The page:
Are You Writing Naked Salad?

Are You Writing Naked Salad?

I’ve been on a “writing characters” kick of late, probably because I’m neck-deep into finishing my latest novel. I’m busy tweeking each character, making sure I keep them fully fleshed and that each one has a unique flavor, or voice.

I’ve also been binge-watching an old television show called Leverage. It was on TNT from 2008-2012. The story centers around an ensemble cast of high-tech misfit crooks who steal from other crooks to get satisfaction for wrongs done by the wealthy and corrupt. They come together for just one job, then they come back together again (and stay together) to continue doing good work. It’s sort of Robin Hood and Equalizer meets Oceans 11 on Mission Impossible with a MacGyver. In other words, it is the best many worlds in one.

What is endearing about the show, more than the stories, are the characters. The main crew includes a thief, a grifter, a hitter (he hits, really, and hates guns), a hacker, and a mastermind (who didn’t start out being any sort of a criminal). All of these characters do what law-abiding people cannot.

In other words, they are anti-heroes.  The whole lot of main characters are pseudo villains! And the real villain in the story is actually a good guy! It’s clever and unique and I’m completely mesmerized by the brilliance.

Each episode provides a good lesson in plot while showcasing character insecurities. The show highlights how who they are indirectly brings together a group of dysfunctional people into a highly functioning team.

A lot like salad. Naked salad versus gourmet salad.

Salad?? How’s that, you ask? Think of each character in a story is like a part of a salad. Each “mark” in Leverage is a separate plot or a big bowl of lettuce.  But do you want a naked bowl of lettuce? Do you write naked salads?  Of course not. That’s dull and boring.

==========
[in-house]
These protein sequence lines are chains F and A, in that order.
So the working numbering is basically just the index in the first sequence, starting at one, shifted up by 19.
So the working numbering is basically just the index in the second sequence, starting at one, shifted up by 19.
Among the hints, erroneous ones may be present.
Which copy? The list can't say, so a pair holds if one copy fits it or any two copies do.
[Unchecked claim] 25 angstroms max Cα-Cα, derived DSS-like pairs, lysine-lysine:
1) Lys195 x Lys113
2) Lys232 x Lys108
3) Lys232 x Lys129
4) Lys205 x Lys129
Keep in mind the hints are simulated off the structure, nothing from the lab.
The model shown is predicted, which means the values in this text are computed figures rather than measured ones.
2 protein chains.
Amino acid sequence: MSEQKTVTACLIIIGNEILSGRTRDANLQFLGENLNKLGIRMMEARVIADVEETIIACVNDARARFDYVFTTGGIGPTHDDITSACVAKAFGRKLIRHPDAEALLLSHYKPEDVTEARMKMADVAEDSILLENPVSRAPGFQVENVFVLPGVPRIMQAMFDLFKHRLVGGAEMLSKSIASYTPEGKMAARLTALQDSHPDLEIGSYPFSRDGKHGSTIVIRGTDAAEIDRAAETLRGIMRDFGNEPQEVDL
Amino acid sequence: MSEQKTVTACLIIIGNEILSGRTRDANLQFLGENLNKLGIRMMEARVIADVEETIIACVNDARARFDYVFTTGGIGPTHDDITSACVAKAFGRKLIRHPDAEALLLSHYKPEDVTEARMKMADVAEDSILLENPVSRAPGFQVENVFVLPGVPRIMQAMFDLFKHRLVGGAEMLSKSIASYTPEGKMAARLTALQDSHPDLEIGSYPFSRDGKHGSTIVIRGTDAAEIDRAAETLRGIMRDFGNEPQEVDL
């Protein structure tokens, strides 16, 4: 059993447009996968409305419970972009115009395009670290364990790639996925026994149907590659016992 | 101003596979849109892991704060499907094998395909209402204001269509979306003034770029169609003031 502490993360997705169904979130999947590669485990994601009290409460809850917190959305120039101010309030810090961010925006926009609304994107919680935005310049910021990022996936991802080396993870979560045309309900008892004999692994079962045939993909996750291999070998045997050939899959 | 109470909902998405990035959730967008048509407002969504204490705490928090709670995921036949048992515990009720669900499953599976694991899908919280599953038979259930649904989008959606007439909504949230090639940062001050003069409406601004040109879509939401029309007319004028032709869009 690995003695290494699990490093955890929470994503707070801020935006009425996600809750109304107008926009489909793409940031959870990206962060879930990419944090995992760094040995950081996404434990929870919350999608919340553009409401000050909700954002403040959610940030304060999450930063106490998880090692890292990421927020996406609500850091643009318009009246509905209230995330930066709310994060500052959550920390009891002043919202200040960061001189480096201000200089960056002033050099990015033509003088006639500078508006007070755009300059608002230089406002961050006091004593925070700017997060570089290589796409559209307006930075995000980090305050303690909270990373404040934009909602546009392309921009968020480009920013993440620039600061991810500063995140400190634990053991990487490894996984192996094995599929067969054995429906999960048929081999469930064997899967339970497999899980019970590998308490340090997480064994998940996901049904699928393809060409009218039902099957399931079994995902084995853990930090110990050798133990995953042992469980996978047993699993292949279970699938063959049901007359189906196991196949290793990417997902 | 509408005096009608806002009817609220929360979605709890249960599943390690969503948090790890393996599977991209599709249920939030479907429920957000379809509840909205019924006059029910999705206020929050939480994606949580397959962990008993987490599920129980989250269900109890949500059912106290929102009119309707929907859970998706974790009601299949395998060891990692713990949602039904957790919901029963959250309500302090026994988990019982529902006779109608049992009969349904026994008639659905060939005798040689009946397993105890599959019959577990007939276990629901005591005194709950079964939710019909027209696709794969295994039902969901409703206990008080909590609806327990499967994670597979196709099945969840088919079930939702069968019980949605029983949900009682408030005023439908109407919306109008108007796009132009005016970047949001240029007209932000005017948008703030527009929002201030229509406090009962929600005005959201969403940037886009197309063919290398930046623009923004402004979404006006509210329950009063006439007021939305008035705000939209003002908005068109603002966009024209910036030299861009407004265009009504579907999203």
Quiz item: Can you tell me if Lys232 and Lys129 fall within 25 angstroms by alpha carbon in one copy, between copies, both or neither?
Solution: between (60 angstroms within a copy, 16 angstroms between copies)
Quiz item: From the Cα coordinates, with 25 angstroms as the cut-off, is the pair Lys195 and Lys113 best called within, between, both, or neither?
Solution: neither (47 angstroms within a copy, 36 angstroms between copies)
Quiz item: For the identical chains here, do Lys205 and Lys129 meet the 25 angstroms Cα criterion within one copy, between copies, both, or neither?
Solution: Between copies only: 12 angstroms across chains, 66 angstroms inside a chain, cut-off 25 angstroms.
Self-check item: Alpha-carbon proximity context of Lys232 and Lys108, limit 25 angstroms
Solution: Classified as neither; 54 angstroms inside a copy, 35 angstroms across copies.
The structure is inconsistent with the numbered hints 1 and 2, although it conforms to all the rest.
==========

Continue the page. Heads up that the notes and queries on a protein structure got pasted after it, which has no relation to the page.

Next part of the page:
You add tomato for freshness and a bit of acid. Have to keep things from getting too sweet.
You add mushrooms for that earthy feel, that touch of reality.
Add some onions for a sharp bite, a bit of spice and frustration for characters (not to mention heartburn because it keeps characters from getting complacent).

Maybe add some egg for a solid plan or bacon bits for innovation. Add meat for flavor. Your choice of turkey, chicken, sausage or fish. Always use what’s available locally. Saves the team money.
Add carrots, cucumbers, zucchini based on habits and genre.
Bored? Add white asparagus or hearts of palm for Mediterranean or island flavors. Every team needs a challenge on vacation.
Then dress your salad in Italian, Russian, Spanish, French, or Danish blue sauce to seal that travel element.

And voila! A salad – a story – worth sinking your teeth into, something full bodied, with character and unique qualities.

Too normal? Change out the lettuce for spinach. Add warm nuts (a crazy character can be load of fun), and orange wedges (children add interest), and use oil and vinegar. Nothing like two characters not blending like oil and vinegar to make a delicious conflict.

You don’t want a naked salad. You want a bowl filled with goodies, something with diverse flavor, or characters appealing to your palate and maybe others, too. Something dressed to….kill? Charm? Excite?

In the end, characters, like the ingredients in a good salad, are what keep naked plots and naked salads from being boring and turn them into challenging delights, worth your time and effort.

Oh and I have one tip — add spicy applesauce for dessert. Makes for a great cliffhanger!

Now, I have to get back to my salad, um, I mean my characters. Remember I have a new book coming out the end of October, my paranormal fantasy called, TIME AND BLOOD. I promise it will be a tale with a healthy bite.

Thanks for stopping by and keep writing! And if you get the time, take a peek at Leverage. I think you’ll enjoy the gourmet salad (it’s on Netflix).
Yours Between the Lines,


  1. Terri A. Wilson says:

    I love Leverage. It was an awesome show and it’s been fun seeing some of those characters in other shows. Looking forward to the new book.

    • SherryR says:

      Leverage is doing a brilliant job and I’m enjoying it.

      Thank you! I’m hoping to do something a little different so stay tuned.

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